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THIRD DIVISION

[ G.R. No. 227098, November 14, 2018 ]

JULIUS Q. APELANIO, PETITIONER, VS. ARCANYS, INC. AND CEO ALAN DEBONNEVILLE, RESPONDENT.

D E C I S I O N

PERALTA, J.:

This is a Petition for Review on Certiorari[1] under Rule 45 of the Rules of Court seeking the reversal of the Decision[2] dated November 19, 2015 and the Resolution[3] dated July 22, 2016 of the Court of Appeals in CA-G.R. SP No. 08340, reversing the Decision[4] dated August 30, 2013 and the Resolution[5] dated December 19, 2013 of the National Labor Relations Commission (NLRC) in NLRC Case No. VAC-06-000360-2013 (RAB Case No. VII-11-1700-12) which set aside the Decision[6] dated April 30, 2013 of the Labor Arbiter.

The facts are as follows:

On April 10, 2012, petitioner Julius Q. Apelanio was hired by respondents Arcanys, Inc. and Chief Executive Officer (CEO) Alan Debonneville as a Usability/Web Design Expert. He was placed on a "probationary status" for a period of six months. During the said period, respondent corporation evaluated his performance in terms of his dependability, efficiency, initiative, cooperation, client responsiveness, judgment, punctuality, quality and quantity of work, professionalism, and attitude towards customers, colleagues, and respondent corporation as a whole. Although petitioner was aware that he was undergoing evaluation, he was allegedly not informed of what the passing grade was or what constituted as "reasonable standards of satisfactory performance."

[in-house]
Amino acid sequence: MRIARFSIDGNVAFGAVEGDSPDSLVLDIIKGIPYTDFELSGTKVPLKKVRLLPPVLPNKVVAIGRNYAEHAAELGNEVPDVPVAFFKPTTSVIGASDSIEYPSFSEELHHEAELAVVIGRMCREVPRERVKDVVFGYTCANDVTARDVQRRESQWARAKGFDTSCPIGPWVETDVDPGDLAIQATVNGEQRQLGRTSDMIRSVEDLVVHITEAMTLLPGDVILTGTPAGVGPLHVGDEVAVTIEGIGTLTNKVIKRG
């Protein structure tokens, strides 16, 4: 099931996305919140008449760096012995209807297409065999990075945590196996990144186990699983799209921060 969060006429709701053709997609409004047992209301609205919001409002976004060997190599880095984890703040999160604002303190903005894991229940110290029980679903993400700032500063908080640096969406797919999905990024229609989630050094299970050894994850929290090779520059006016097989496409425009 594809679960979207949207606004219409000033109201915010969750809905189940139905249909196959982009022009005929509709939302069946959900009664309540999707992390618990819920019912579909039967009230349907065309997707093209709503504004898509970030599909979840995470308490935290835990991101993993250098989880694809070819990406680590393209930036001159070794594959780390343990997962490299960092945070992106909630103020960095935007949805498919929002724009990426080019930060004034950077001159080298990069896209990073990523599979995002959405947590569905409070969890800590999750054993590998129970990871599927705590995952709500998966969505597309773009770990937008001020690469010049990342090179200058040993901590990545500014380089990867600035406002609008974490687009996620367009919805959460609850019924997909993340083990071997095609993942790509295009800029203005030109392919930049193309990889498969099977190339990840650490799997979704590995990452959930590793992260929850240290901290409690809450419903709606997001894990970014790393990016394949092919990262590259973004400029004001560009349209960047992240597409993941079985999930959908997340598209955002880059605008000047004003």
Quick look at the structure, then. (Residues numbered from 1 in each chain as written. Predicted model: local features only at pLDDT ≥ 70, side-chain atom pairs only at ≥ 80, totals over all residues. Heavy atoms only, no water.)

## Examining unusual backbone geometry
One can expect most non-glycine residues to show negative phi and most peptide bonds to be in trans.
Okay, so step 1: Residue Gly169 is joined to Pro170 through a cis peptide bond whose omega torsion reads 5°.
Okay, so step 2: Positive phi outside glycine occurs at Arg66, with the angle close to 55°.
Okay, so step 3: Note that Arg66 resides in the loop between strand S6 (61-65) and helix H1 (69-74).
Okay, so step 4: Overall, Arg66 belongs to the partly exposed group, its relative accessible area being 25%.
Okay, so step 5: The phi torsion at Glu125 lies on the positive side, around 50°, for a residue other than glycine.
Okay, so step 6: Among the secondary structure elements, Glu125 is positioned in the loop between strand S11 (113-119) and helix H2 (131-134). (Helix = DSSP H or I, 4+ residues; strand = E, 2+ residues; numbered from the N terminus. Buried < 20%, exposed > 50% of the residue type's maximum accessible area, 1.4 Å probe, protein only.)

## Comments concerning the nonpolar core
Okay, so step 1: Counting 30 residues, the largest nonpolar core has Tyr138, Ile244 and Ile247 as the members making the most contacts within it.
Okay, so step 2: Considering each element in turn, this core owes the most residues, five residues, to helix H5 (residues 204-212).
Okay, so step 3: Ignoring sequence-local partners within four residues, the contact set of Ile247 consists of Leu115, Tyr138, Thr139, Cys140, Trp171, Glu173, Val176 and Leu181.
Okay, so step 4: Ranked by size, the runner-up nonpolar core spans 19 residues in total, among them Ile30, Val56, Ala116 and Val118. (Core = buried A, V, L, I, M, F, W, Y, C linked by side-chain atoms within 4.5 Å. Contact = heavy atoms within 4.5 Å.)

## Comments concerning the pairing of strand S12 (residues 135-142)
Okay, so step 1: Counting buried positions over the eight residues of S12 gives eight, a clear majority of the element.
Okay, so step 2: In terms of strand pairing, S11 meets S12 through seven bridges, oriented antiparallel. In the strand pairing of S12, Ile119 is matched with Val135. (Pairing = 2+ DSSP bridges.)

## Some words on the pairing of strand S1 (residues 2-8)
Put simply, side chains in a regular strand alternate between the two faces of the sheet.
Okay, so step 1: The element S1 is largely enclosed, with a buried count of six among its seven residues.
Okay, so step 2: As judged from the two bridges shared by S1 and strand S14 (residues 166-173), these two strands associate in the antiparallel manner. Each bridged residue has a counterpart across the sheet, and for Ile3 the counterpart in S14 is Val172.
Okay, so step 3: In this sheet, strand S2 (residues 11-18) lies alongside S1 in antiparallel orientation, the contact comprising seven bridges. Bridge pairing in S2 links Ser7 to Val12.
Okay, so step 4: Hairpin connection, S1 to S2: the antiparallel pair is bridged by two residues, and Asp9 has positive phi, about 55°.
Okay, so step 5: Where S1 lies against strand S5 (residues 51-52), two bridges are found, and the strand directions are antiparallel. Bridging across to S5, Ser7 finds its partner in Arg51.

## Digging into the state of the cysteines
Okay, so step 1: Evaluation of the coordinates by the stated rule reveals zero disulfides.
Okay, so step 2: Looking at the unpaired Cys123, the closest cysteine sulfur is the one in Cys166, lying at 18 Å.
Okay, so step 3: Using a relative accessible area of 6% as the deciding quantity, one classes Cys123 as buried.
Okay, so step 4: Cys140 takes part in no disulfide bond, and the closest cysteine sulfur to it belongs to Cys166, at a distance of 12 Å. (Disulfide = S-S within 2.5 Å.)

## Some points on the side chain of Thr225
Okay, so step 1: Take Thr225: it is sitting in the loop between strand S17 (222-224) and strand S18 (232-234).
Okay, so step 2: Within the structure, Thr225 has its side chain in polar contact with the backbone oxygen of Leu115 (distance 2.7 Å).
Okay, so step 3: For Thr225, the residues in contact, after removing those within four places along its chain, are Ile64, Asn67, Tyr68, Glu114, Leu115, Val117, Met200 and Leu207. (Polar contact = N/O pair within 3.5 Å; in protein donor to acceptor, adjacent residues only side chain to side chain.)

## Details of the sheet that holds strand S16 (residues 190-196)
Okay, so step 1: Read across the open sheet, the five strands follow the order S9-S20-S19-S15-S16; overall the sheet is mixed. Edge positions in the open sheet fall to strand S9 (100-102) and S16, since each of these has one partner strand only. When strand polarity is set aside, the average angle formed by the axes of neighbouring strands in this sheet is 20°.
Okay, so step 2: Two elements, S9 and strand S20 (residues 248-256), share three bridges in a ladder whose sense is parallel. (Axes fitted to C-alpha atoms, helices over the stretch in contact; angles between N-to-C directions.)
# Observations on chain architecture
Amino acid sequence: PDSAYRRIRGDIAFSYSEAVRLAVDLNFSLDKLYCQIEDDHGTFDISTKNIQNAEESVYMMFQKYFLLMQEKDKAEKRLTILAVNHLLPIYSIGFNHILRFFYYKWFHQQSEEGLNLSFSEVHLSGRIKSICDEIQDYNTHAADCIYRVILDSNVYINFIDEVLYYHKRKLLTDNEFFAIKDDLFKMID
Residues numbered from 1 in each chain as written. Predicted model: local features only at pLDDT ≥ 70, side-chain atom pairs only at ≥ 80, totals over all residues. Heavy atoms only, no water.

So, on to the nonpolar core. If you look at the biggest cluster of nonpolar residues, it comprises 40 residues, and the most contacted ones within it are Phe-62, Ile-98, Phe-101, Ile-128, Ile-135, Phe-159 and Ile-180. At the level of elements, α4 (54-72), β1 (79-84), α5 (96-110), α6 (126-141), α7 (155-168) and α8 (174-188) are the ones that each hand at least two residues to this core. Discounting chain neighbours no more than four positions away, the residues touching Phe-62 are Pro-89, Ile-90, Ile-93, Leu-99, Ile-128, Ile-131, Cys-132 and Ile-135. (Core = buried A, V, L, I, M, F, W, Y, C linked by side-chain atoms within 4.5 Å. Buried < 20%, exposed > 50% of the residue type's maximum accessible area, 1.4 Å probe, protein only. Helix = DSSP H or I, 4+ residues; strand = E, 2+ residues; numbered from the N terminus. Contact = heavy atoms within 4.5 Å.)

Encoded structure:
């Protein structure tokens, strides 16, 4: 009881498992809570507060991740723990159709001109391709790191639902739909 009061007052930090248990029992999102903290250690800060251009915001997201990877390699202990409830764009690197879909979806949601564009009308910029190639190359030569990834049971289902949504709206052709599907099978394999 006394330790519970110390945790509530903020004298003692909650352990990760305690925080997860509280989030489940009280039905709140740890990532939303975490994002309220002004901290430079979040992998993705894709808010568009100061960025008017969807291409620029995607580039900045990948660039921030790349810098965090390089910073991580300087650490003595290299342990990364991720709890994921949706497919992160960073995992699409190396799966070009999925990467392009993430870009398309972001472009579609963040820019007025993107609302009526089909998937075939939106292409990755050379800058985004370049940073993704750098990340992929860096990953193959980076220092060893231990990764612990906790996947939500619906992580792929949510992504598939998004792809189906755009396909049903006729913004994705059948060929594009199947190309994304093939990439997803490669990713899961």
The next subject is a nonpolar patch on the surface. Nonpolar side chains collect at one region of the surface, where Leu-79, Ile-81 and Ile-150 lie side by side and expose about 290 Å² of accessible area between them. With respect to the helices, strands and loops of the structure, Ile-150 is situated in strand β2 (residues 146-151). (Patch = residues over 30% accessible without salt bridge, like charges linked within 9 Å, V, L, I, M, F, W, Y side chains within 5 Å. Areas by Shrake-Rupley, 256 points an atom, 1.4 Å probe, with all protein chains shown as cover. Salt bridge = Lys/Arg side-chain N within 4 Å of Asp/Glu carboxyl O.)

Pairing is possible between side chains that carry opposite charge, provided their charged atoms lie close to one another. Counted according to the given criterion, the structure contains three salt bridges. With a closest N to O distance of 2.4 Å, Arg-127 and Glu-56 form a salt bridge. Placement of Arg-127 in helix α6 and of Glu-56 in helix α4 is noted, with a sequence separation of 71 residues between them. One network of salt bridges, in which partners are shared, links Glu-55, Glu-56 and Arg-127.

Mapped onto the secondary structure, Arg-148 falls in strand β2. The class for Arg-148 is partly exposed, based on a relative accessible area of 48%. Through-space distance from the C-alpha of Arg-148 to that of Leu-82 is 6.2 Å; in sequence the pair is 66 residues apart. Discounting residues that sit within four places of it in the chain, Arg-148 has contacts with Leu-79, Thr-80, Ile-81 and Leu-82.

During his second (2nd) month evaluation on July 3, 2012, petitioner received a rating of 3.06. On his fourth (4th) month evaluation, he received a rating of 2.99. On October 3, 2012, his sixth (6th) month evaluation, he received a rating of 2.77. Respondents then served petitioner a letter[7] informing him that they were not converting his status into a regular employee since his performance fell short of the stringent requirements and standards set by respondent corporation. Petitioner was given his final pay[8] and he signed a Waiver, Release and Quitclaim[9] in favor of respondents.

Petitioner averred that when his probationary contract was terminated, he was immediately offered a retainership agreement lasting from October 10, 2012 until October 24, 2012, which involved a similar scope of work and responsibilities. He was told that he did not meet the "reasonable standards of satisfactory performance," but was nevertheless offered said retainership agreement with identical requirements on a project basis, without security of tenure, with lesser pay, and without any labor standard benefits. Petitioner was confused with the arrangement, but agreed since he had a family to support. He believed that he was still undergoing respondents' evaluation.

On October 26, 2012, after the lapse of the retainership agreement, petitioner was offered another retainership agreement, from October 25, 2012 to November 12, 2012, again with an identical scope of work but at a reduced daily rate of P857.14, down from the daily rate of P1,257.15 from the initial agreement.